You’ve probably heard of Lent fasts: giving up chocolate or biscuits or swearing for the 40 days before Easter. But did you know that in 2014, the Church of England in the south west ran a Carbon Fast? And they’re going to be running another one again this year.
During Lent 2015, which starts on 18 February, the particular focus for the Fast is on the link between our use of water, which needs to be pumped, cleaned and stored; our energy use; and the things we consume. For example, it takes 11,000 litres to make a pair of jeans and 140 litres of water to make a single cup of coffee. For each day of Lent, everyone who signs up will receive a daily email with an action to consider (except Sundays) and a specially written reflection. The Carbon Fast 2015 will also consider broader climate issues, in the run up to the Paris negotiations in December.
Anyone can undertake the Carbon Fast Challenge at any time of the year. The 40 days need not be the 40 days of Lent. You see, carbon fasting doesn’t need to cost anything. Every step you take counts for something. You will be surprised at how much difference even the smallest steps will make. And then you can keep taking them.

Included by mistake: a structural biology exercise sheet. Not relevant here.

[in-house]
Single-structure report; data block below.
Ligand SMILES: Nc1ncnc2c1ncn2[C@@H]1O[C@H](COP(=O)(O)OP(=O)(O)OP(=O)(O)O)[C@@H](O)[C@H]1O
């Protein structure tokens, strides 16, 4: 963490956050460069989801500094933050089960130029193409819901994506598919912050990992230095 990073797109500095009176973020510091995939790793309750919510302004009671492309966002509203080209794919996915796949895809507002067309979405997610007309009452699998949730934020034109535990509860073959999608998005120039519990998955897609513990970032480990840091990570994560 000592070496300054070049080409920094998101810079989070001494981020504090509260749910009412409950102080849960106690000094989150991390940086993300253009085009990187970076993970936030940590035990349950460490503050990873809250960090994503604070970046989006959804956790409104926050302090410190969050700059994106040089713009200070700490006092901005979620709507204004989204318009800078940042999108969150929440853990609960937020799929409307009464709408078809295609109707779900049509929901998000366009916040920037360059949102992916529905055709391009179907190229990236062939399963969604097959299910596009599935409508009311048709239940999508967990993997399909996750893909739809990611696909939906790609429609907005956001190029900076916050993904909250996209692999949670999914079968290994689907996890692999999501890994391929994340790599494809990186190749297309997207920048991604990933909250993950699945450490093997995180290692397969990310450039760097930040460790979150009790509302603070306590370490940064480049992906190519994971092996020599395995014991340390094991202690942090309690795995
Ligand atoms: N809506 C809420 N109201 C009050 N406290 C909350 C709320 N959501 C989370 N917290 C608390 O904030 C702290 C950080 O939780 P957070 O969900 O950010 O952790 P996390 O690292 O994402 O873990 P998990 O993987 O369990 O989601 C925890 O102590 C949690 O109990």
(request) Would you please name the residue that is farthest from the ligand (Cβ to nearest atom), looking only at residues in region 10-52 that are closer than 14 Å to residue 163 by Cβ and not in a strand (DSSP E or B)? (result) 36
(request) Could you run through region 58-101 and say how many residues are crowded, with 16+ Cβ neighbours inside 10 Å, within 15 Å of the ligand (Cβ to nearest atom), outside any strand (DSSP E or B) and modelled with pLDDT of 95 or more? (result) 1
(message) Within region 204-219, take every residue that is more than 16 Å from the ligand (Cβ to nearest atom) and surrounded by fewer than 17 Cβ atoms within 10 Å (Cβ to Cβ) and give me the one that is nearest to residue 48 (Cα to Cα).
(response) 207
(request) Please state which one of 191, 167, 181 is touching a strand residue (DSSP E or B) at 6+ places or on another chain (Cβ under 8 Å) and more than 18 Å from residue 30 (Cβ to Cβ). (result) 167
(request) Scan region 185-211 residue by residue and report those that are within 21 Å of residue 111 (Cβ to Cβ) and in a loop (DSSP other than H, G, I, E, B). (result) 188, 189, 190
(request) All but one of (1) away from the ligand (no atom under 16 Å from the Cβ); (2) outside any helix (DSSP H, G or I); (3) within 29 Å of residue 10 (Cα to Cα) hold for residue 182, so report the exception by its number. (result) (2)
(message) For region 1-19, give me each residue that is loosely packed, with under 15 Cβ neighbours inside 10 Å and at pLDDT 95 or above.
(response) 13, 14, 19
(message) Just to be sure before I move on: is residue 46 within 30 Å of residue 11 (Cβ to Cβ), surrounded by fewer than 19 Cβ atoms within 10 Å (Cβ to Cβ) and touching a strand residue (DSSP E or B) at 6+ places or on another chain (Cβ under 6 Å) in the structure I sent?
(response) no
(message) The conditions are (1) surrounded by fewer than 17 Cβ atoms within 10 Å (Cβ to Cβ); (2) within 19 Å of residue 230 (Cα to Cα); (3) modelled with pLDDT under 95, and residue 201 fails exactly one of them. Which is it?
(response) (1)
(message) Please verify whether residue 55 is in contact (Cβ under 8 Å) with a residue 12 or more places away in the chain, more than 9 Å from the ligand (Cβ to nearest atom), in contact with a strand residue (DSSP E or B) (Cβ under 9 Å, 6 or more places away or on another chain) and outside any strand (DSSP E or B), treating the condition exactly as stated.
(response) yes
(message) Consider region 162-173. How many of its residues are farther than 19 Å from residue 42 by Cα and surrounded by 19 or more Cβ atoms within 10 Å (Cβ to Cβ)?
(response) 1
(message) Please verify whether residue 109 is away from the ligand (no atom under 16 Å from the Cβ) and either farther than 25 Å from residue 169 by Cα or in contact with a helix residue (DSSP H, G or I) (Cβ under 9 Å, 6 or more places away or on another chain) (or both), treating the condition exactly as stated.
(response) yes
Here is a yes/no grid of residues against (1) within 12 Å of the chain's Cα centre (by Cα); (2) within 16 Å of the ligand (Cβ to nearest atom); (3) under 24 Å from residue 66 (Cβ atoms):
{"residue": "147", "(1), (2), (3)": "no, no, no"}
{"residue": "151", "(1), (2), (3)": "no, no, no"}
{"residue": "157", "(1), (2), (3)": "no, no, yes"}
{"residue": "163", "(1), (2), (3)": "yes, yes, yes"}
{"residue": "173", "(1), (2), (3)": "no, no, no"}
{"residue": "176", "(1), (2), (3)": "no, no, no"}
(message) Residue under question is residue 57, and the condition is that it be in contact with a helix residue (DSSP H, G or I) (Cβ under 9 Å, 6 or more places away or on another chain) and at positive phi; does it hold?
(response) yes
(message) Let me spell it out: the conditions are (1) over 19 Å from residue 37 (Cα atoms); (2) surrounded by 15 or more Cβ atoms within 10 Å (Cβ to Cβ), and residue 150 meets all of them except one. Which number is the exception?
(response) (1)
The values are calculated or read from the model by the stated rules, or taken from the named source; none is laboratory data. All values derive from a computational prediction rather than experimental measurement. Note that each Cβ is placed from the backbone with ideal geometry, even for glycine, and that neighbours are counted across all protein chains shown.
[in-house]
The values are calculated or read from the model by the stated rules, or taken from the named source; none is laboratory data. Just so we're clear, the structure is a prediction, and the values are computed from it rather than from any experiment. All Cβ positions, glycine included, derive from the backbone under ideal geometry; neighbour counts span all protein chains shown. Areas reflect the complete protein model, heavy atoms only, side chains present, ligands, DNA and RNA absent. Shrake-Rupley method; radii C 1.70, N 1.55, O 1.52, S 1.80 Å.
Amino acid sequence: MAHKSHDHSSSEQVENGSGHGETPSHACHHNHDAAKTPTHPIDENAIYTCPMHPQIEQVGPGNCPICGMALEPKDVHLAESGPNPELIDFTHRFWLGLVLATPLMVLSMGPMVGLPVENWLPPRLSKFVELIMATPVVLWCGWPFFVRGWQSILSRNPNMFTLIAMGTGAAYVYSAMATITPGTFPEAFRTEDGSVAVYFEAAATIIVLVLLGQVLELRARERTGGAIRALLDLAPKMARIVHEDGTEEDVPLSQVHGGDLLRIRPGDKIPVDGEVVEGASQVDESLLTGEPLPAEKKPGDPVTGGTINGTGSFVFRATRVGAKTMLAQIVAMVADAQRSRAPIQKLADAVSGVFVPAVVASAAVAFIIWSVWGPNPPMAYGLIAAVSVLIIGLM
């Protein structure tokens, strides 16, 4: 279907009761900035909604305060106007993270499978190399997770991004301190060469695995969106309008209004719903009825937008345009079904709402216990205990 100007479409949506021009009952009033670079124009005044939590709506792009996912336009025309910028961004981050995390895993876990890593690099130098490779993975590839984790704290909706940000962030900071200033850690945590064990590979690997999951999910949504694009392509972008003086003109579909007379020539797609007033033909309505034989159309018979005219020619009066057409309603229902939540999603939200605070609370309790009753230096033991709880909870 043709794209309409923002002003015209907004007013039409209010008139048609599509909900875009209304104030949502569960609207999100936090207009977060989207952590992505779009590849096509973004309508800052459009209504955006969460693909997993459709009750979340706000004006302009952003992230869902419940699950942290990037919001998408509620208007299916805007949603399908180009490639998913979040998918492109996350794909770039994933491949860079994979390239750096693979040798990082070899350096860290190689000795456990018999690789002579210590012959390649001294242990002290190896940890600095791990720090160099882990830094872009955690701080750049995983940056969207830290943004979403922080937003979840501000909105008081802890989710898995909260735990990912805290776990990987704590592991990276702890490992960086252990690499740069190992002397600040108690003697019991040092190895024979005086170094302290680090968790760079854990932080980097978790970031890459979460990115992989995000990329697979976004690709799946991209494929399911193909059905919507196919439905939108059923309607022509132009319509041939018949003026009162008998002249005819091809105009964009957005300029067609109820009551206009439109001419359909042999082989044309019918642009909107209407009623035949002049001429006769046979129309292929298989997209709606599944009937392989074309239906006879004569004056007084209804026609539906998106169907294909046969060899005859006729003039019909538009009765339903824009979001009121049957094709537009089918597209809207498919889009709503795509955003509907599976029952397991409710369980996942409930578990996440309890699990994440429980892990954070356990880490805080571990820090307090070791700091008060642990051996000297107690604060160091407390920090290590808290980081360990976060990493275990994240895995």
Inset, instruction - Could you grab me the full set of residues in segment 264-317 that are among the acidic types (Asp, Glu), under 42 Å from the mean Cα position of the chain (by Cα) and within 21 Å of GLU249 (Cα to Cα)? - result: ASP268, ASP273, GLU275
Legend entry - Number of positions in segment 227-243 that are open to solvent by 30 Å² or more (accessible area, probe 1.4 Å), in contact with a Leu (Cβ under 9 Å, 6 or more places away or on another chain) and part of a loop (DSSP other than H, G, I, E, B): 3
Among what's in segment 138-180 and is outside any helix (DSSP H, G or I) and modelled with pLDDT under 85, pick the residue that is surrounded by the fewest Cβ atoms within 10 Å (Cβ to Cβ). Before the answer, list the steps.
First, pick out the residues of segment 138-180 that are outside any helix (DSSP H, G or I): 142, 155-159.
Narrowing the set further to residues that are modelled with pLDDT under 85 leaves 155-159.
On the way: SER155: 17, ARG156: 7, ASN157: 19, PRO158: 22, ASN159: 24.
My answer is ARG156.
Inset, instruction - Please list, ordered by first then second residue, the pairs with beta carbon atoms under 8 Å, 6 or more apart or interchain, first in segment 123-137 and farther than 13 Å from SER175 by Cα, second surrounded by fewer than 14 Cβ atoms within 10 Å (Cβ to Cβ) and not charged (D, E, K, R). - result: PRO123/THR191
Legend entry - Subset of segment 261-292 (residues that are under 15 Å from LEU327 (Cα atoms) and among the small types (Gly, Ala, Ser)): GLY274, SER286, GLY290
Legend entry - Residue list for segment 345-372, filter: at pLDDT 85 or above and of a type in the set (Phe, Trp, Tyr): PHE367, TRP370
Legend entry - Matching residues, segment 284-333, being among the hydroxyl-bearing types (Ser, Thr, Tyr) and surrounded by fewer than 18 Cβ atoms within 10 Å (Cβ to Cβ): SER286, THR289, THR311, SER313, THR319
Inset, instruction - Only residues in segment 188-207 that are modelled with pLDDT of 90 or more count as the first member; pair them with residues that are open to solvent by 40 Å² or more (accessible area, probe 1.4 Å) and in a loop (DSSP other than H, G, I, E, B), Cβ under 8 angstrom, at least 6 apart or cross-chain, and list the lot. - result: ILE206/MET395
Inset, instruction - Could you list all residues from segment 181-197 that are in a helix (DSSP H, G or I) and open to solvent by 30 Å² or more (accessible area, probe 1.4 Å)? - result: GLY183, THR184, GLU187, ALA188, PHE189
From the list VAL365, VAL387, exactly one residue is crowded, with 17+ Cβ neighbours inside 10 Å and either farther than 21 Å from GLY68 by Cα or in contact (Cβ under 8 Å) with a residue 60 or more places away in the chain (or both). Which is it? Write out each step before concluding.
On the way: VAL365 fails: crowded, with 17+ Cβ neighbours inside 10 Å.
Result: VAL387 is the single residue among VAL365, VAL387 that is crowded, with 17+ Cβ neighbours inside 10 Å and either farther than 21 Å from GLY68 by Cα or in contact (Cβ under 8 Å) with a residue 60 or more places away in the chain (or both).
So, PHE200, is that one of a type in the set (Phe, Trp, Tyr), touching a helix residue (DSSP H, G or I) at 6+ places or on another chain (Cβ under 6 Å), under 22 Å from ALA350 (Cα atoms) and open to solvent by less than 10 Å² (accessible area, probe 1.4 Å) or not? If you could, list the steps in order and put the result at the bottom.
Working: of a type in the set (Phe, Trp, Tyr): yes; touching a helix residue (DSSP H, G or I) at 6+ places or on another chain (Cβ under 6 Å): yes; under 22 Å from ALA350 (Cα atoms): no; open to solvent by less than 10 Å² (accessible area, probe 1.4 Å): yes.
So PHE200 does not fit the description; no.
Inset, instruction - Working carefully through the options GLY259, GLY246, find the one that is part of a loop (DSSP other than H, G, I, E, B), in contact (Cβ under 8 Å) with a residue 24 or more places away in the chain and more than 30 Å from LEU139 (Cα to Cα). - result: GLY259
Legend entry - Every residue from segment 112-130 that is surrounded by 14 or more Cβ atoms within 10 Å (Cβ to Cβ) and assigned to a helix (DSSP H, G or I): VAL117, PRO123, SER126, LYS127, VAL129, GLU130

Particulart is going to be involved in the Carbon Fast through a new exhibition in Bristol Cathedral as part of its Lent carbon challenge. A Stitch in Time will show from 6th March to 6th April. The Cathedral says:
Each Lent churches in the Diocese of Bristol set themselves an environmental challenge. This year the challenge is all about saving and conserving water and we have developed a free exhibition to explore the issues further. Bishop Mike and BIshop Lee recently went on a trip to Uganda, which is linked with the Diocese of Bristol, and saw at first hand the issues communities face with gathering and managing their water supplies. Local priest, Rev Chris Dobson, who was travelling with Bishop Mike took photographs of the local community and we are also featuring photographs which show the beauty of water as a natural resource. Alongside that we also have a ‘Particulart’ exhibition entitled ‘A stitch in time’ which helps people visualise the carbon particles in our environment through a display of knitted particles, which has been developed by Clare Bryden. We are very grateful to both Chris and Clare for helping us with this exhibition. Admission is free – come and visit the south choir aisle.